If you really want to rebuild it, you can just use Android Studio for that.

The zipball generation is probably what you are after.
Get an x86_64 computer with flake-enabled Nix.

tl;dr: Use the deploy app like the following which executes all steps mentioned below:

# or run the following for explanation of this script
nix run “.#deploy””>

nix run ".#deploy" -- <public_url> <rsync_target>
# or run the following for explanation of this script
nix run ".#deploy"


nix build ".#bootstrapZip" --impure

Put the zip file from result on some HTTP server
and specify the parent directory URL during the installation.
To re-trigger the installation, you can use
‘clear data’ on the Android app (after backing stuff up, obviously).

If you want to change the Nix-on-Droid channel to your custom one,
you can do that either with nix-channel after the installation,
or by setting the environment variable NIX_ON_DROID_CHANNEL_URL.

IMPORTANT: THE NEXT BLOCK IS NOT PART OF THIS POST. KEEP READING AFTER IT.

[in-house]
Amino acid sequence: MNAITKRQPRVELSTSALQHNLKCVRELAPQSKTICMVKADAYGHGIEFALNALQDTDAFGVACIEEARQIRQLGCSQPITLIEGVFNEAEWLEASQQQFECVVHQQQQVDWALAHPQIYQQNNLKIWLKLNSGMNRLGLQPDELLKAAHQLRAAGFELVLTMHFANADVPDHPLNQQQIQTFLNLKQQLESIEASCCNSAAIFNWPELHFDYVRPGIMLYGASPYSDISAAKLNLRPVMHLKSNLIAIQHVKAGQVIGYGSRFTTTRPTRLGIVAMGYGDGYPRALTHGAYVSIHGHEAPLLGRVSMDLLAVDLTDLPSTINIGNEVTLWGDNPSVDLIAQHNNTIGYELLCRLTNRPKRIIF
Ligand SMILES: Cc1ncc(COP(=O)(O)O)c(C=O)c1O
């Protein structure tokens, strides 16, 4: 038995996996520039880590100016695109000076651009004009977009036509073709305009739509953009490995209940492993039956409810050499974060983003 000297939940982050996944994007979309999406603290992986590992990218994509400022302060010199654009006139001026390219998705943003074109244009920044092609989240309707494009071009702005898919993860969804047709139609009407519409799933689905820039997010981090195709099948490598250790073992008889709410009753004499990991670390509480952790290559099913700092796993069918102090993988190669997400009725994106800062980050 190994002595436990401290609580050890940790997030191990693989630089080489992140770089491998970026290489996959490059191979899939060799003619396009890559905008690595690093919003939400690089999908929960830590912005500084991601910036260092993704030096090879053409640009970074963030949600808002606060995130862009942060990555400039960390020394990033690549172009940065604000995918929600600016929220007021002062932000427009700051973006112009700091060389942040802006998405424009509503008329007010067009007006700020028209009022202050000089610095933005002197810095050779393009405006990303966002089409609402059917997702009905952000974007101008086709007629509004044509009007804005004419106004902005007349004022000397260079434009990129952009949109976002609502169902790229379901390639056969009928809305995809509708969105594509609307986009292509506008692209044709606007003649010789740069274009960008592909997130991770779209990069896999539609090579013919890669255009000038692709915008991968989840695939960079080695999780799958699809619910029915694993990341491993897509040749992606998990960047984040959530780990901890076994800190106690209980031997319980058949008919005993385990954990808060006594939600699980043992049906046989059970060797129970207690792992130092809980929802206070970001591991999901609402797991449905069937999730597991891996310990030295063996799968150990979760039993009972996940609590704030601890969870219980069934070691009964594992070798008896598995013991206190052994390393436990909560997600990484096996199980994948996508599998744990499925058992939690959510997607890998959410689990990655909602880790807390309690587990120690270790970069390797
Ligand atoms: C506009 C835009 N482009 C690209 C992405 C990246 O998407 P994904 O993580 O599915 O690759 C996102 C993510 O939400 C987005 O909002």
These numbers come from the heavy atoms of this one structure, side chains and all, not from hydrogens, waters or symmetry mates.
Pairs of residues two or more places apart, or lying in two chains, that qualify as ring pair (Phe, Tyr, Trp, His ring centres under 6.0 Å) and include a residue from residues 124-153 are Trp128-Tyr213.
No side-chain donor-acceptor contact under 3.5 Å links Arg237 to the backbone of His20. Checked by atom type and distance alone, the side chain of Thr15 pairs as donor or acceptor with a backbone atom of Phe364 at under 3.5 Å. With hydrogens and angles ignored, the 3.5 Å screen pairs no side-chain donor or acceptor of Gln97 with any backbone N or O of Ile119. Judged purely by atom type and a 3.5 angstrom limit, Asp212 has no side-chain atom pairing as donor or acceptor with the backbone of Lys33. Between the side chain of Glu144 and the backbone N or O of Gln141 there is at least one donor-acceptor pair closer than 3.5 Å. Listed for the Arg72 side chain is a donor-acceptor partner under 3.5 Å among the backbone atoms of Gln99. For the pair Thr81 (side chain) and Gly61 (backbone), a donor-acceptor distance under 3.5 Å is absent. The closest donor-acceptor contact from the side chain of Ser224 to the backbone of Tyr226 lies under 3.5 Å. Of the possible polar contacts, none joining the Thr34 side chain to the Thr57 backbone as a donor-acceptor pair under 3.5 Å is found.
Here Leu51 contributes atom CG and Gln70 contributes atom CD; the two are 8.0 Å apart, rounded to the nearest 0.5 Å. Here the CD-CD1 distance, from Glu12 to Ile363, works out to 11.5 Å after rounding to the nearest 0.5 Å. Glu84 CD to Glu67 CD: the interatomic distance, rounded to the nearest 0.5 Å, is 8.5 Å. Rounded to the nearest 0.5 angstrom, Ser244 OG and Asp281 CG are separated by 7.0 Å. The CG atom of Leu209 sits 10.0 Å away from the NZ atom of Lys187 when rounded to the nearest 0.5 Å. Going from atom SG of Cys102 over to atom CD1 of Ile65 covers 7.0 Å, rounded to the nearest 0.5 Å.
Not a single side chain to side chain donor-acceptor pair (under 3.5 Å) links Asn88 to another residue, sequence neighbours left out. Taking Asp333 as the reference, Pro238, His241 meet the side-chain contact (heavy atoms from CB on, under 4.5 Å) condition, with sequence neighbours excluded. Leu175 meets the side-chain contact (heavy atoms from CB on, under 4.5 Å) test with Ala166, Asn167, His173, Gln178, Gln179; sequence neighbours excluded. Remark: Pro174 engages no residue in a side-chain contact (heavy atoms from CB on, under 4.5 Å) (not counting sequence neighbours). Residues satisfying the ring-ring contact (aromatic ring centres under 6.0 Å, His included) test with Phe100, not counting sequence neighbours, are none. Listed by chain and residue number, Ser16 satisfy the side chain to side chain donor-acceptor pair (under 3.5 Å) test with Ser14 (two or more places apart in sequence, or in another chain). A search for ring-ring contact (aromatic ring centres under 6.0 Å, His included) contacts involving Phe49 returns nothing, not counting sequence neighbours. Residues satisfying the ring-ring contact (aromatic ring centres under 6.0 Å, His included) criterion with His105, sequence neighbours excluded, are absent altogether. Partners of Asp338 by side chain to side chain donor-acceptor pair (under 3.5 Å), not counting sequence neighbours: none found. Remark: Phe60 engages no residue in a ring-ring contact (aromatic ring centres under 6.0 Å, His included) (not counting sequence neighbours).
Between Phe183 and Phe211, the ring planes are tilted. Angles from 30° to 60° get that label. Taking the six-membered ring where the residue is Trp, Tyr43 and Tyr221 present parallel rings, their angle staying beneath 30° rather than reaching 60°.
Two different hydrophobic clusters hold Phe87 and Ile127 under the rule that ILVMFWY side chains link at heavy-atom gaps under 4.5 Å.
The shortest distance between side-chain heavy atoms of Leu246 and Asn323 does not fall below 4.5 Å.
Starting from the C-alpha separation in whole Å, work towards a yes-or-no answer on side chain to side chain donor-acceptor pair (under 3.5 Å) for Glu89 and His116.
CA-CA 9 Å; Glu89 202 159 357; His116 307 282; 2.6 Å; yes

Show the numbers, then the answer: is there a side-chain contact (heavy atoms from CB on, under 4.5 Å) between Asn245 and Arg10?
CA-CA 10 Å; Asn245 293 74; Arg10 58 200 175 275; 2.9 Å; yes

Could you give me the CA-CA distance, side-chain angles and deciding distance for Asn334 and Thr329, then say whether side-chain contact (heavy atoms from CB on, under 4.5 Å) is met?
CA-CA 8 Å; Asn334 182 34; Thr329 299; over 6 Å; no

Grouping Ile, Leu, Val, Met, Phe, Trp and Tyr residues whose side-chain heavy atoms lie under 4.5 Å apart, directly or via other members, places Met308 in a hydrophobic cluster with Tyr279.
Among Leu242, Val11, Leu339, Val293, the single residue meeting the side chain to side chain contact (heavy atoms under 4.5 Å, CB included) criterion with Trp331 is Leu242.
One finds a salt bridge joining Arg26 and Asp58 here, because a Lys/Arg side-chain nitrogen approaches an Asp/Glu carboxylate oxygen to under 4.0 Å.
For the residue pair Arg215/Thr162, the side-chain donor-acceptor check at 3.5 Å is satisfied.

Other environment variables are NIXPKGS_CHANNEL_URL an

Note: The proot binary is not built on the android device
(NDK is required for building it, and it’s not available on mobile platforms).
The way we work around it is to push proot derivation to cachix.
The current workaround is to hardcode the path to the wanted proot nix store
path in modules/environment/login/default.nix. During evaluation time on
the android device this store path will be downloaded from the binary cache
( This in return means the proot
derivation has to be present there or in any other binary cache configured
in the nix.conf on the device.